of the decision-making context underlying two logically consistent theories of
entrepreneurship: the discovery theory (Shane, 2003) and the creation theory (Schumpeter,
1934; Cason, 1982).
We follow and extend the effort of this latter group of scholars, proposing a model
that integrates the different phenomena implicit in previous theoretical and empirical work
on entrepreneurship. Given that understanding should precede explanation and
prescription, we argue that making explicit and integrating the implicit ontology of
different entrepreneurship perspectives will contribute clarity at the epistemological (i.e.
theory building), methodological (i.e. theory testing), and policy (i.e. policy design and
implementation) levels.
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To this end, we try to capture the phenomenon or unit of analysis, its associated
level of analysis and stage, and the associated disciplines that underlie the
conceptualisations of entrepreneurship summarised above. Figure 1 provides the overall
framework that links the different phenomena and disciplines within a bi-dimensional
space: level of analysis and stage within the entrepreneurship process.
------------------------------
Insert Figure 1 about here
------------------------------
Figure 1 focuses on the integration of the different conceptualizations of
entrepreneurship shown in Table 1. The different conceptualizations are shown at the
centre of Figure 1 by the blue boxes and the integration between them is done through
three categories: their main associated discipline and / or theory (Figure 1, ellipses in the
outer part), their level of analysis (Figure 1, arrow labelled “Level” in the first column),
and their place in the entrepreneurial process (Figure 1, arrow labelled “Process” in the
last row). For example, the conceptualization of entrepreneurship as the individual
Entrepreneur assumes that entrepreneurship is an individual or team level phenomenon
and that the entrepreneurs, not the context, are at the root of the entrepreneurial process.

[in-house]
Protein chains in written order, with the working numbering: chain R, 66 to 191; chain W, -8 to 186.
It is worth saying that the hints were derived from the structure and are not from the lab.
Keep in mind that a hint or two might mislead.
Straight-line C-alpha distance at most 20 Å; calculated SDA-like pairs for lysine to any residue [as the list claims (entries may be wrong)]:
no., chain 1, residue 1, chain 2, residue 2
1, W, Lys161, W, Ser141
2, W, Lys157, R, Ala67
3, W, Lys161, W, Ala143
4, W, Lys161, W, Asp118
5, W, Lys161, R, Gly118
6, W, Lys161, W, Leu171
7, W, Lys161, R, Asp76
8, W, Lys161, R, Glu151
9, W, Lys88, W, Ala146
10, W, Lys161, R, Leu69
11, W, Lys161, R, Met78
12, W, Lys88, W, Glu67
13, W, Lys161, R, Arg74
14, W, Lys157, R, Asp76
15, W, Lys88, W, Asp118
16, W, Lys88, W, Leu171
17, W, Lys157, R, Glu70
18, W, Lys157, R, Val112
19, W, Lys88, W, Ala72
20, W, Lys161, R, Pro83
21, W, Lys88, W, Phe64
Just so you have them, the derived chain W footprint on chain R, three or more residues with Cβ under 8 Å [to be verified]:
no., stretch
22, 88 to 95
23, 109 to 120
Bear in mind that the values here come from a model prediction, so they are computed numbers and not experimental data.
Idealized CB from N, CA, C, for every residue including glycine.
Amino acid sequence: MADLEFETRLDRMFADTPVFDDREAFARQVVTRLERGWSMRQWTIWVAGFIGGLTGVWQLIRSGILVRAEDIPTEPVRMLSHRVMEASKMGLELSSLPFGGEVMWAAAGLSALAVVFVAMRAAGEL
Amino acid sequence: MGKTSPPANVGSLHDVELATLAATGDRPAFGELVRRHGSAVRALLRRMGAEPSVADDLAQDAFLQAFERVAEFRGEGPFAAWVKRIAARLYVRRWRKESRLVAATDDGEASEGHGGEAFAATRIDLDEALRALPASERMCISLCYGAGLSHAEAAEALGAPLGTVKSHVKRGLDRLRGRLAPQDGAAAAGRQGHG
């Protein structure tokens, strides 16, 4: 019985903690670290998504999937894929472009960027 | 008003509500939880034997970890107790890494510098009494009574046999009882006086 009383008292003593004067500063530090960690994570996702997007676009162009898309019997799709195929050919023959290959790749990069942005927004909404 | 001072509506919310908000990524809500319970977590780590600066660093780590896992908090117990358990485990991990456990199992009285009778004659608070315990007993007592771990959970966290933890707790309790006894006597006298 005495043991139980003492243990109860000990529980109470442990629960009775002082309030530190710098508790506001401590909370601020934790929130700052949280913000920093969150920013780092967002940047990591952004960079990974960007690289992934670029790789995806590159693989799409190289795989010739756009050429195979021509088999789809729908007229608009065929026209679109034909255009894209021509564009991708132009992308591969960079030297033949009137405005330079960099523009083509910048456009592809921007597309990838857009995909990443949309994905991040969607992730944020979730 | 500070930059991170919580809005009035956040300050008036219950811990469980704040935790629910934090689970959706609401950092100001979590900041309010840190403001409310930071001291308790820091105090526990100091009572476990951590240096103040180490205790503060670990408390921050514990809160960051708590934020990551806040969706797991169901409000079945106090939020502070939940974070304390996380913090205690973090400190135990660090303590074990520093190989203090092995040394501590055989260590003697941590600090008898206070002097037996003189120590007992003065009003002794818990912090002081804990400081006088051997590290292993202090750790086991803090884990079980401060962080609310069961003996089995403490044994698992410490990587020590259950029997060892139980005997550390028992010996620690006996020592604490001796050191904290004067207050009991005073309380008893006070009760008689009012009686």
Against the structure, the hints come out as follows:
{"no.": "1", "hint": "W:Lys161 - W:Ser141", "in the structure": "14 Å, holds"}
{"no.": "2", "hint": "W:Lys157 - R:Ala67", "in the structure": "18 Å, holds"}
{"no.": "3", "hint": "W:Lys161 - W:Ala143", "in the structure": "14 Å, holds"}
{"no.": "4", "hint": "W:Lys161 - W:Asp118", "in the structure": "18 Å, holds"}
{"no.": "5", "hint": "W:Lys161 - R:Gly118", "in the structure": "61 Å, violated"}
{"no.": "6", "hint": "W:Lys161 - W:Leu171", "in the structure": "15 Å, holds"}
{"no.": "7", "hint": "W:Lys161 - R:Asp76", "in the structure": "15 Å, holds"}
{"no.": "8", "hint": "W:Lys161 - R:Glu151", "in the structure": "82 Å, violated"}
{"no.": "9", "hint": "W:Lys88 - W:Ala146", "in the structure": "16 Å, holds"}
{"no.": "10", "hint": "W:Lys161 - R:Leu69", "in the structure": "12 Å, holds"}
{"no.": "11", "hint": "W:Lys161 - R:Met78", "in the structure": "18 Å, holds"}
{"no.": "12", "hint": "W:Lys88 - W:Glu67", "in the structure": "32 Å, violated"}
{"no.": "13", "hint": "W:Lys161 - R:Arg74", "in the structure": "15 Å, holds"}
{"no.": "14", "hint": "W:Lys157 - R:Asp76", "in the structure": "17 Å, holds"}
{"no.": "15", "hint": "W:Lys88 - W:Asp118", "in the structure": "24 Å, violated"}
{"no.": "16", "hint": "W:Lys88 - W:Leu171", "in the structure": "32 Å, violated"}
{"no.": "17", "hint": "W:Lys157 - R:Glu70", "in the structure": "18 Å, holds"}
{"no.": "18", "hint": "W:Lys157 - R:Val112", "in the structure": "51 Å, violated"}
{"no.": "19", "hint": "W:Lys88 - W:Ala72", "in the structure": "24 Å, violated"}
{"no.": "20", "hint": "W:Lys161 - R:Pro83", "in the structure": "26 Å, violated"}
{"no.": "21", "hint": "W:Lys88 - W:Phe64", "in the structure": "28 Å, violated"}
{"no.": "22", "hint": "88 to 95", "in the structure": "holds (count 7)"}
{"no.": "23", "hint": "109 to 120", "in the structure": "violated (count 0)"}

This view of entrepreneurship makes psychology, economics, and strategy the main
disciplines informing entrepreneurship theories.
Focussing on the interrelationship between the different conceptualisations of
entrepreneurship depicted at the centre of Figure 1, it could be said that entrepreneurship
involves the creation or discovery and exploitation of opportunities that results from the
interaction between entrepreneurs and the specific context in which they operate (Figure 1,
circles Entrepreneur, Context, Opportunity Exploration, Recognition, and Exploitation).
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The exploitation of opportunities by entrepreneurs results in innovation i.e. the
introduction of new goods and services, ways of organising, markets, processes, and raw
materials (Schumpeter, 1934; Shane, 2003)- whether in an existing business (Schumpeter,
1942) or a new venture (Schumpeter, 1934:66) (Figure 1, doted line around Innovation). .
In the case of creation of new enterprises, most of them either remain small, owned and
managed by the entrepreneur (Storey, 1994), or close (Aldrich, 1999) (Figure 1, Business
Creation, SME, and Business Closure). This latter event combined with the entry of new
business into an industry generates a churning rate that is the base of the creative
destruction argument posed by Schumpeter (Schumpeter, 1942) (Figure 1, doted line
around Churning rate). Others, the great minority, experience high growth (Autio, 2005),
in which case they are termed gazelles (Birch et al. 1999; cf. Figure 1, High growth
(gazelles)), or go public with the help of venture capitalists (Bygrave, 2004; cf. Figure 1,
IPO)
iv
.
The next sections develop this framework, focussing on each entrepreneurship-
related phenomenon: the entrepreneur, innovation as a key function of entrepreneurship,
corporate venture, business creation, entry, and churning rate.
Entrepreneurship as the Individual Entrepreneur
The entrepreneur is the basic phenomenon and unit of analysis of the economic and
psychological approaches to entrepreneurship, and one of the levels of analysis that
register most publications in leading journals (Davidsson and Wicklund, 2001:83;
Busenitz et al. 2003:297; Ireland et al. 2005). The conceptualization of entrepreneurship as
the individual entrepreneur is depicted in Figure 1 by the blue box labelled “Entrepreneur”
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and it assumes that entrepreneurship is an individual or team level phenomenon, and that
the entrepreneurs, not the context, are at the root of the entrepreneurial process. This view
of entrepreneurship makes psychology, economics, and strategy the main disciplines
informing entrepreneurship theories.
Economic historians classify entrepreneurship schools according to three intellectual
traditions (Hébert and Link, 1982; Blaug, 1997): the German school, represented by
Schumpeter and his emphasis on entrepreneurship as innovation; the Austrian school,
represented by Kirzner who, building on von Mises and von Hayek, focuses on the